Seeing Yourself as Others See You

By | August 11, 2020

[August 11, 2020]  Leaders with authority should be aware of the image they project by what they do and say.  Even the most beautiful women look into mirrors to see how they appear to others and take action to improve what they see in the glass.  Similarly, leaders should be looking into the mirror of their minds to imagine how they appear to others.  Seeing yourself as others see you is a skill not to be taken lightly.

Such imaginative introspection and empathy are necessary for visualizing how they look to others.  And, they should work on improving what they see.  This includes physical appearance, manner and bearing, demeanor, and competence.  It also involves the realization in advance of what they do and of the orders they issue will be viewed by others.1,2

In an old notebook of mine from days as an Infantry Company Commander, I found an interesting entry that I had made about a field training exercise.  My first trip to the field with 179 of my men was mostly uneventful, but what I said and did make an impression upon those Soldiers.

At dinner time the first night, my radio operator (who is always near me in case I received a radio call) brought me my meal on a ceramic plate and coffee in a porcelain mug.  A metal fork, spoon, and knife from the mess hall were there for me also.  At the time, Soldiers were lining up to get their food at the mess tentage that was set-up as the feeding area.   I declined the use of my meal this way.

My radio operator was surprised when I told him that I would only eat after every Soldier was fed.  Furthermore, I would only take my meal in the standard-issue mess kit and coffee in my canteen cup.  As their Commander, I would not need to stand in line like other Soldiers, but I would otherwise take no special privileges.

I later learned that the men of my Infantry company gained considerable respect for me that evening.  It was a glimpse into how my Soldiers saw me as their Commander.

A few comments:

  1. If a leader tries to impress others with phony grandstand plays, that is the impression you will create.
  2. There is no substitute for constant alertness to consider how you look to others.
  3. While there is reasonableness in the use of rank and position, there are times it can lead to abuse, as I have witnessed innumerable times.
  4. A leader cannot adequately supervise and lead if they are standing in line for chow or digging their own foxholes. The men know this.  My experienced First Sergeant told my men that “We take care of the ‘old man’ and he will take care of us.”


Author: Douglas R. Satterfield

Hello. I'm Doug and I provide at least one article every day on some leadership topic. I welcome comments and also guests who would like to write an article. Thanks for reading my blog.

16 thoughts on “Seeing Yourself as Others See You

  1. Dennis Mathes

    Loved your article today. More like this would be helpful. I will be picky a bit here Gen. Satterfield and note that while No. 4 is a good point, it appears out of place. I would humbly suggest that you write a separate article on the subject. Others have suggested the same but I would like to read more about it. The question I would like answered is WHERE do you draw the line between “standing in line for chow” (wasting leader time) and doing those leadership responsibilities required of you?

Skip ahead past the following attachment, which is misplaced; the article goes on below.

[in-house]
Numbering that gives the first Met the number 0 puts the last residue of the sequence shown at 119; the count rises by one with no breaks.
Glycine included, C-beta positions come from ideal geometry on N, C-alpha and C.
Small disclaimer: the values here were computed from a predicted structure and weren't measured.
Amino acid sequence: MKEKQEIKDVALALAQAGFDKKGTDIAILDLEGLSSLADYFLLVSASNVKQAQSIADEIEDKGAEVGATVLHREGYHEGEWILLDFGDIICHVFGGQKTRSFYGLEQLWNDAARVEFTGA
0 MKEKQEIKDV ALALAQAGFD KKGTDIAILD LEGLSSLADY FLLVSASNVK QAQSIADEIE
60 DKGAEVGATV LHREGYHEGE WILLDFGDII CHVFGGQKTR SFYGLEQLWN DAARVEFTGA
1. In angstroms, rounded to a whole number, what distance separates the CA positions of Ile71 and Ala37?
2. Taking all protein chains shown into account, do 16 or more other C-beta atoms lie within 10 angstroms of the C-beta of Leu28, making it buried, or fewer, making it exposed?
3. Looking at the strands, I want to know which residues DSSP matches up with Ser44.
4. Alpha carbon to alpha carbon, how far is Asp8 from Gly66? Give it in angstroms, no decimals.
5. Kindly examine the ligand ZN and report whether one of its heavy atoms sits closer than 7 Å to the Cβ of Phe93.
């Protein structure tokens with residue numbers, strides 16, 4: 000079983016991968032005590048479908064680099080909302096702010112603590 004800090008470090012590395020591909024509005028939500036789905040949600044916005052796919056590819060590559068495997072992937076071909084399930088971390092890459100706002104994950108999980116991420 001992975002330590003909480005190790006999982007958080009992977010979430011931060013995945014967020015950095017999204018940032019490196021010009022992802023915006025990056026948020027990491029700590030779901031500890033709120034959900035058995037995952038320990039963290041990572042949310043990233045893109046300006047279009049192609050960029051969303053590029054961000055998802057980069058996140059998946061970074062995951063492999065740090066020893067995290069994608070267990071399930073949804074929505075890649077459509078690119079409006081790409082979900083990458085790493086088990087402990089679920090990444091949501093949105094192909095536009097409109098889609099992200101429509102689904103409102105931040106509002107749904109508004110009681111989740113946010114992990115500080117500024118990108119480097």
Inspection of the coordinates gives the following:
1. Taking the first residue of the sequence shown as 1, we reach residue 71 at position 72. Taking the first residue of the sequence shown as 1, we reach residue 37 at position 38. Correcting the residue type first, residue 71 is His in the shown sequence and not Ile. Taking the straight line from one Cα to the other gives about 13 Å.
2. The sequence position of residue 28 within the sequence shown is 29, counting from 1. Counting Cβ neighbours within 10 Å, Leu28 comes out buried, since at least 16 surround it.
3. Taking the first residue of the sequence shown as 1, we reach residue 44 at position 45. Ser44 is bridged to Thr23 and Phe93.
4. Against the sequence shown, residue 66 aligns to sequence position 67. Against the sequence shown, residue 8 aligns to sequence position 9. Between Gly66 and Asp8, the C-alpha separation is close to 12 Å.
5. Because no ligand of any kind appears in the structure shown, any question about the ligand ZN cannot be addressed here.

1. Jerome Smith

      Good way to point this out Dennis and I agree with you and the others who would like to see more on the topic. Humble leaders subject themselves to the same dangers and risks that those that work for them are exposed. But, is there a point where a line must be drawn?

    2. Otto Z. Zuckermann

      Well written, Dennis. Thanks for the suggestion.

  2. JT Patterson

    Another spot-on blog post from Gen. Satterfield.

  3. Max Foster

    All, let’s not overlook the comments Gen. Satterfield made at the end of the article. These are very special. They are the core of what good leaders do, and the anti-thesis of what they do not do. I know that these are not necessarily easy to understand but try anyway. This is true wisdom. Thank you Gen. Satterfield. Well done with this article.

    1. Kenny Foster

      His #4 is particularly interesting. Leaders should not be perceived as “being superior” to everyone else or having undeserved “privileges” but they cannot also be expected to have their time wasted like ‘standing in line for chow’. More of this would be a good topic for Gen. Satterfield to address for us all.

      1. Otto Z. Zuckermann

        Kenny, yes, a possible future topic I would like to read about.

      2. Linux Man

        Well said Kenny. I agree that No. 4 stood out among the rest and was a point that I was not expecting to read. This is certainly an idea that should be explored more here in

  4. Wendy Holmes

    “… it was a glimpse into how my Soldiers saw me as their Commander.” Loved your story. Impressive! Now I see why you made the rank of General when so many tap out at much lower ranks. I know, in today’s society, that humility plays a big part of being a great leader. Practicing it requires the right place and time … and when to be humble.

    1. Stacey Borden

      Yes, when to be humble yet also get the mission accomplished as well.

    2. Fred Weber

      Good point Wendy. I agree with you that being humble, esp. in Western nations, is necessary. I would go further and say that it is key to a successful leadership position. It takes practice practice practice !!!

        1. Yusaf from Texas

          Thanks Tracey, I read the article and it was informative. ?

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